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Abstract

Creative pedagogical approaches in higher education can facilitate students’ journey in thinking like and becoming a qualitative researcher. Pedagogical approaches tend to focus on procedural steps of qualitative research neglecting students’ development of cognitive skills and reflective capacity. Arts-informed teaching methods for qualitative research show promise as an educational development in stimulating student interest and expanding their understanding of qualitative research through an experiential approach to learning. In this article, the use of an arts-informed pedagogy to structure a graduate level qualitative research course is discussed. This pedagogy, grounded in experiential teaching-learning theories, was developed to foster students’ curiosity as well as their capacity to think like a qualitative researcher through arts media including poetry, dance, film and story. If space is created in the classroom for curiosity to become a disposition and habit of mind, students may be inspired to be perpetually inquisitive and as such, think like a qualitative researcher.

Keywords

Qualitative Research, Teaching, Pedagogy, Arts-informed Pedagogy, Higher Education, Experiential Learning

Author Bio(s)

Dr. Jennifer Lapum is an Associate Professor at Ryerson University. As a poet and arts-based researcher, she uses arts media in the health sciences to advance capacity for humanistic approaches to health care. She has developed an arts-informed pedagogy to facilitate experiential approaches to learning in nursing and qualitative research.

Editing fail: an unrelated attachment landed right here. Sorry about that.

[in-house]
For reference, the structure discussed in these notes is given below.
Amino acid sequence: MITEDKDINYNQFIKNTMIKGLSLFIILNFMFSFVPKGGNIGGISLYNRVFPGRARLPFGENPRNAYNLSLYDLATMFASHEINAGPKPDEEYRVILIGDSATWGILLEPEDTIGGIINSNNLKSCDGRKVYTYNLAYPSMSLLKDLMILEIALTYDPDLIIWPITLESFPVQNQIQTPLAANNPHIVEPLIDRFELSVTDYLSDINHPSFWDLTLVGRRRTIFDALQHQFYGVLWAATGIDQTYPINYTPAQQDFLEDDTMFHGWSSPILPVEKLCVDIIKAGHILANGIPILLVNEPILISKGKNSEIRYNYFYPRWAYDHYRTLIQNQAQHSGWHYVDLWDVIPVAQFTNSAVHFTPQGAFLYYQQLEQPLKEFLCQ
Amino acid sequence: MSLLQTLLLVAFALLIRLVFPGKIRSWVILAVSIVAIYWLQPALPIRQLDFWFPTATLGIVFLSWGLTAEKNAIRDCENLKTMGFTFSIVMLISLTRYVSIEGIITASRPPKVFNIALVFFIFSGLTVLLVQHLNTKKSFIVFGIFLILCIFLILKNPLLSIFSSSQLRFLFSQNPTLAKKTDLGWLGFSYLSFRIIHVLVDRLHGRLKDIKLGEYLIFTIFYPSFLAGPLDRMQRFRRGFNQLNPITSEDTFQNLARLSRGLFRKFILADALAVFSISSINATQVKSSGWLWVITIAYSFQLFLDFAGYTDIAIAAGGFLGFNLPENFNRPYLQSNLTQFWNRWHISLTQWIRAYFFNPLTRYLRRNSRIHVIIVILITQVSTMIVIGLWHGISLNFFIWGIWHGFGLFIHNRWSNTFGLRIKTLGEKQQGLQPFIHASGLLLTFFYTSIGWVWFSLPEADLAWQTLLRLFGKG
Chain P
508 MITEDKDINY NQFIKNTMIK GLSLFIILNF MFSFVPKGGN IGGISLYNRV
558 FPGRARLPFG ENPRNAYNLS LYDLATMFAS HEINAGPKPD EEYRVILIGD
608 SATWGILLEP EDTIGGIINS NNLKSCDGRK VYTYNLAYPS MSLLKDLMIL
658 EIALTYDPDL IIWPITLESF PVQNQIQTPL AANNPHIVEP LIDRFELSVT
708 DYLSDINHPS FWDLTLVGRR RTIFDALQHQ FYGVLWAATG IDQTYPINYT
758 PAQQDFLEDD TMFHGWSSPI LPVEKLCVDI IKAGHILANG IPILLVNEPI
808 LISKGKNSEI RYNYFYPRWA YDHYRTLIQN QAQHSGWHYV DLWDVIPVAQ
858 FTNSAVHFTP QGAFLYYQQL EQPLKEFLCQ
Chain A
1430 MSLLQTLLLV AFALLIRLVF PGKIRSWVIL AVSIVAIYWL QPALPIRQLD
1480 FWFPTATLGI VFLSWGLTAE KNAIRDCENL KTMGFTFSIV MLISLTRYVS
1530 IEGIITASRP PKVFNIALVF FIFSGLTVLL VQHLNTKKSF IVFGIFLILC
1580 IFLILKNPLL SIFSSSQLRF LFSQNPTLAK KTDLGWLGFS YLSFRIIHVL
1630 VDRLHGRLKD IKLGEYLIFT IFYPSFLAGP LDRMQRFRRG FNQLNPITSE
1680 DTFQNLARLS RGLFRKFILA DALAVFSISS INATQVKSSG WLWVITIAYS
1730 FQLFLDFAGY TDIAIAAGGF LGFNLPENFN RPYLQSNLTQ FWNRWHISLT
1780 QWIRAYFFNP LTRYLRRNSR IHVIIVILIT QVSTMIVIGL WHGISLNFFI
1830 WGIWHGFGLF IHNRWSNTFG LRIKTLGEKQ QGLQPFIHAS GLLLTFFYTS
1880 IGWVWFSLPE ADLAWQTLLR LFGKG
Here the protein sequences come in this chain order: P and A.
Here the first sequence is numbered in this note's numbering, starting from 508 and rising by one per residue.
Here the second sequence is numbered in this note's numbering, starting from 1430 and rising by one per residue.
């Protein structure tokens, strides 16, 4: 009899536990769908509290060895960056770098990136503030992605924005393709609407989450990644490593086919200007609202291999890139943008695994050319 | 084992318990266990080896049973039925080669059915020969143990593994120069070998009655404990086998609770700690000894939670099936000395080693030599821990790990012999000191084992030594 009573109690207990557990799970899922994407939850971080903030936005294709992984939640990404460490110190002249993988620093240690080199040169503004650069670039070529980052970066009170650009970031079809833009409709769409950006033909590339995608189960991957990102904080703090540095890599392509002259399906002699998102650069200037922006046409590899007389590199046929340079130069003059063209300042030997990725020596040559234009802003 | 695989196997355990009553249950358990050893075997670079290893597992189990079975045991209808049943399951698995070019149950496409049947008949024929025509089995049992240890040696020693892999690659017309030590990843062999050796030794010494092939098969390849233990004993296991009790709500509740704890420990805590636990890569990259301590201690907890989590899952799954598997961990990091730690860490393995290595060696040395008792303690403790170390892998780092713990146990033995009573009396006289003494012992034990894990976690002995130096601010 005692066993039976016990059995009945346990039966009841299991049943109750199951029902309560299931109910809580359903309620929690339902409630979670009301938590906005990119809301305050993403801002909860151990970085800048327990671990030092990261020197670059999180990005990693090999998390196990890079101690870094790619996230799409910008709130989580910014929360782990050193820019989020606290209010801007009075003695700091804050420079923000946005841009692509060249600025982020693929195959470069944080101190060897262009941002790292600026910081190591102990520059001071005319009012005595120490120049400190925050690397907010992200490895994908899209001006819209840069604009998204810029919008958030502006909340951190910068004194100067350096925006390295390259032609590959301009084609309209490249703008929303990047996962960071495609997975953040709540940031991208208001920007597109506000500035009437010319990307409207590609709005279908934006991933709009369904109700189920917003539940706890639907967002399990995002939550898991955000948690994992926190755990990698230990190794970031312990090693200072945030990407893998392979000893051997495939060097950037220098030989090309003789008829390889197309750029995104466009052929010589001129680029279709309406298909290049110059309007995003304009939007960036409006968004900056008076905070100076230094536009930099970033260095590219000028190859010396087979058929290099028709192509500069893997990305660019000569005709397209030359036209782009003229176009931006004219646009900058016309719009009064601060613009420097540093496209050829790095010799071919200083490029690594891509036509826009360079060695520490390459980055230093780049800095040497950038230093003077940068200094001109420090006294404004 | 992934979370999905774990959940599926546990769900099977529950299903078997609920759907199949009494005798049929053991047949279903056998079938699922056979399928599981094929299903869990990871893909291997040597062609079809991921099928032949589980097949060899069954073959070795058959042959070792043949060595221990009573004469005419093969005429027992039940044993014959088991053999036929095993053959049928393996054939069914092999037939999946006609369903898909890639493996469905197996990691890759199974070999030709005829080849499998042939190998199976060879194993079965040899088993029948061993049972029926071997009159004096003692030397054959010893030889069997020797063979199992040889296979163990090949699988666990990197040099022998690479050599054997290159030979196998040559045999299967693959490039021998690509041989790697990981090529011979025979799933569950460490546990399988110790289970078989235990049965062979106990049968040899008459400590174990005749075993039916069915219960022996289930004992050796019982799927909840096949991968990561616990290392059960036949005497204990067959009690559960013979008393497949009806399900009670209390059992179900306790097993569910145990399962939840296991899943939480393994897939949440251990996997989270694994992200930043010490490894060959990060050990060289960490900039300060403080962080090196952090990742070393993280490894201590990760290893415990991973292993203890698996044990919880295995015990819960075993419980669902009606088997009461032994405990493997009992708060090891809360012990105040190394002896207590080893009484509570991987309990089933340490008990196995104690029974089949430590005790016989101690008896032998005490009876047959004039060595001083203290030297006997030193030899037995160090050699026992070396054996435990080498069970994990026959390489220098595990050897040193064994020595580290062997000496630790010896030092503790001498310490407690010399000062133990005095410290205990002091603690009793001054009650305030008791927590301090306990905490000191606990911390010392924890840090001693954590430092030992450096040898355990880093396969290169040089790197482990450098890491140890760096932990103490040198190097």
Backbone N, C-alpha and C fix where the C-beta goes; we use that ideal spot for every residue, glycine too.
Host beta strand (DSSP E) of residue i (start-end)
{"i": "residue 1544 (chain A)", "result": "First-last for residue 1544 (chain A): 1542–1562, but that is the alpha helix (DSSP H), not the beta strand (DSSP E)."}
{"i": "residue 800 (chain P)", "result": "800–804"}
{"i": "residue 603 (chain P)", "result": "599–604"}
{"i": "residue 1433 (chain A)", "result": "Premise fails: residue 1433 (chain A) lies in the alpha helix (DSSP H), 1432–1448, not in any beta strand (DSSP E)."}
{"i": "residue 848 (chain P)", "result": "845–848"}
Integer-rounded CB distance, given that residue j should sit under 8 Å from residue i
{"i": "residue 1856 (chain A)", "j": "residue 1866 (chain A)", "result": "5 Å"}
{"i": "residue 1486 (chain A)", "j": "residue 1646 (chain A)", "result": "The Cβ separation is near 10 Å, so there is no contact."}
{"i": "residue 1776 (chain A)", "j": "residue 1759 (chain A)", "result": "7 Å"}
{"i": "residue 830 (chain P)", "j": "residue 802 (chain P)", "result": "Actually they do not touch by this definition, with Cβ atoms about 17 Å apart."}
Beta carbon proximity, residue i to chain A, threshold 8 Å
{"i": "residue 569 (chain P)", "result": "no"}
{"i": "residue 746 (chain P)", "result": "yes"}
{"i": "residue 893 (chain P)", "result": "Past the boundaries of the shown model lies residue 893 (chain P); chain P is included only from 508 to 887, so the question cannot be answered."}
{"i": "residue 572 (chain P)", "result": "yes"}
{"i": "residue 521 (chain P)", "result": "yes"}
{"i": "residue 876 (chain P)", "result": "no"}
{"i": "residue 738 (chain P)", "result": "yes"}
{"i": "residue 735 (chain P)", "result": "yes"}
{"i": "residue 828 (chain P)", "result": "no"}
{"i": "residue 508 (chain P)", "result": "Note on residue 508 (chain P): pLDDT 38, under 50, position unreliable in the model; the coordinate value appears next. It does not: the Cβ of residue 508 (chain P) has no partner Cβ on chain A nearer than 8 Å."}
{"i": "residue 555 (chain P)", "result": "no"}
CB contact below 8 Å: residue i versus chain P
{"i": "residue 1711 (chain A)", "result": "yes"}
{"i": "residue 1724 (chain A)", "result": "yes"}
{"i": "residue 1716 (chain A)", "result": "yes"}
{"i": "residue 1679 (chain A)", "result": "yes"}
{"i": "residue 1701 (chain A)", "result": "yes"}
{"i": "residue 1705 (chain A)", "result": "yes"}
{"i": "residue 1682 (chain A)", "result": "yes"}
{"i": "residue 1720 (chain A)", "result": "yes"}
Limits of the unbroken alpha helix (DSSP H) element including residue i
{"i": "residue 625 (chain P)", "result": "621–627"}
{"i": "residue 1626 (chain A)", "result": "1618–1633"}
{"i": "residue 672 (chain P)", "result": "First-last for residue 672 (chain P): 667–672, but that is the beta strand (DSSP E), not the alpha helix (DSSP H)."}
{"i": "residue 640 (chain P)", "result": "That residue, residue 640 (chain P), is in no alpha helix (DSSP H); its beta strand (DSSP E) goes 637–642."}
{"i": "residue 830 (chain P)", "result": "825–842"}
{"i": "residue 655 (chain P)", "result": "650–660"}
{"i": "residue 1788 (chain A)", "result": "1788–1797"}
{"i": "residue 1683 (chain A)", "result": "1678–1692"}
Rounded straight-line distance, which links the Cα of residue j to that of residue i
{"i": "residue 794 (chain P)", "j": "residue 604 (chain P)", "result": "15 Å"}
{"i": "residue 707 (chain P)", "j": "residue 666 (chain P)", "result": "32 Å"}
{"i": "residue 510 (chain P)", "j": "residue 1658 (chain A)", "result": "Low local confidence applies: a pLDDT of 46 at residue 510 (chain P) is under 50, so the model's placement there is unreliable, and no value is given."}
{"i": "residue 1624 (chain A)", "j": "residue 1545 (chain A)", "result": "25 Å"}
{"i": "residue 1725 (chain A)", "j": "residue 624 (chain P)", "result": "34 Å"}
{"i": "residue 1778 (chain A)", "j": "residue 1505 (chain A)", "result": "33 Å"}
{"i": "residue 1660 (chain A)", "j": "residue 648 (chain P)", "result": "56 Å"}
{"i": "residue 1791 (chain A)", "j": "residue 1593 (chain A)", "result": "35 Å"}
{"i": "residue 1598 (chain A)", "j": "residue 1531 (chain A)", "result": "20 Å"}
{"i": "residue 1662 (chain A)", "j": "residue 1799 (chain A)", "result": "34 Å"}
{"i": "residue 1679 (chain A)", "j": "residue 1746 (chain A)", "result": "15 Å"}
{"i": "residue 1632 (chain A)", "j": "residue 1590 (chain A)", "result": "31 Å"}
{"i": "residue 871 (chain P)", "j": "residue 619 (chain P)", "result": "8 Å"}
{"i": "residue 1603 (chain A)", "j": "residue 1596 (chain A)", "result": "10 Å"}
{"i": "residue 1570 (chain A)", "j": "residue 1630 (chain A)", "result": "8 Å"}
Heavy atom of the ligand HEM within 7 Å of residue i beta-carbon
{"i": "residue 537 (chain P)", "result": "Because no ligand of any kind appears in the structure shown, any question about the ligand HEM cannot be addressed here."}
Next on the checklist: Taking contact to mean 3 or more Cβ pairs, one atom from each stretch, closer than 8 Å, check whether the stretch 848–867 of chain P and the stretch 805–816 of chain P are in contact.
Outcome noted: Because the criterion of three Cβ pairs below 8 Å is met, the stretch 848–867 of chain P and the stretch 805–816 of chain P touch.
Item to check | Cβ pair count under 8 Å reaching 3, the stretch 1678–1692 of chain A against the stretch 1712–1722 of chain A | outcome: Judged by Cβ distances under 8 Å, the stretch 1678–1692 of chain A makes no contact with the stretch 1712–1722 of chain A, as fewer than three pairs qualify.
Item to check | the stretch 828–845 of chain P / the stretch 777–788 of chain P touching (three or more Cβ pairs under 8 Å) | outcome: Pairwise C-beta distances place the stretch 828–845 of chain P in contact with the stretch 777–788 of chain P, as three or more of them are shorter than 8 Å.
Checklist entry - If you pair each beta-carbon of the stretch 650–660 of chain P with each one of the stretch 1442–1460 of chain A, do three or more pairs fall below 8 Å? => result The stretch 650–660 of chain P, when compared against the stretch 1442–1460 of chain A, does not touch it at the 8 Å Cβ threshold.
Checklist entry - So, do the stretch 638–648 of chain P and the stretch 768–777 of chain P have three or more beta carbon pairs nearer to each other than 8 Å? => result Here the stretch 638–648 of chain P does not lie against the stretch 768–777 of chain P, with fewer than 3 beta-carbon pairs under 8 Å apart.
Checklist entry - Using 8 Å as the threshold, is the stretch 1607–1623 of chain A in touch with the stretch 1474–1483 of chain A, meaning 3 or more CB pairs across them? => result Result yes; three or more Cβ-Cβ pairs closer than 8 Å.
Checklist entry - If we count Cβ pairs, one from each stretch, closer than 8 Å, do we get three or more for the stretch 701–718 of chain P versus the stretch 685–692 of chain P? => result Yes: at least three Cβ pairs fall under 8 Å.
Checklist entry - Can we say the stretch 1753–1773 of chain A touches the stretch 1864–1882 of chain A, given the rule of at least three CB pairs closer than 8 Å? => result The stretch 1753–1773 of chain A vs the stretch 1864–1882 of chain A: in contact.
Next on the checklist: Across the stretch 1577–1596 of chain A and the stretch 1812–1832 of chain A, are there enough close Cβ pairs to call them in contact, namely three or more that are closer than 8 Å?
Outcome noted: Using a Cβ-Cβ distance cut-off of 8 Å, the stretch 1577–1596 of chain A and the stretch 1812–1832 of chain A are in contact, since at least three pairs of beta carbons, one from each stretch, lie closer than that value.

Ms. Sarah Hume has a Bachelor of Commerce in Entrepreneurial Management and is currently a student in her final year of the Ryerson University Collaborative Nursing Degree Program. In working as a project coordinator, she has developed interests in arts-informed research and creative technologies and pedagogies.

Correspondence regarding this article can be addressed directly to: Jennifer Lapum at, Associate Professor, Ryerson University, Faculty of Community Services, 350 Victoria Street, Toronto, Ontario, M5B 2K3; E-Mail: jlapum@ryerson.ca; Phone: 416-979-5000 ex. 6316.

Correspondence regarding this article can also be addressed directly to: Sarah Hume at, Student, Research Coordinator, Ryerson University, Faculty of Community Services, 350 Victoria Street, Toronto, Ontario, M5B 2K3; E-Mail: shume@ryerson.ca.

Publication Date

8-10-2015

Creative Commons License

Creative Commons Attribution-Noncommercial 4.0 License
This work is licensed under a Creative Commons Attribution-Noncommercial-Share Alike 4.0 License.

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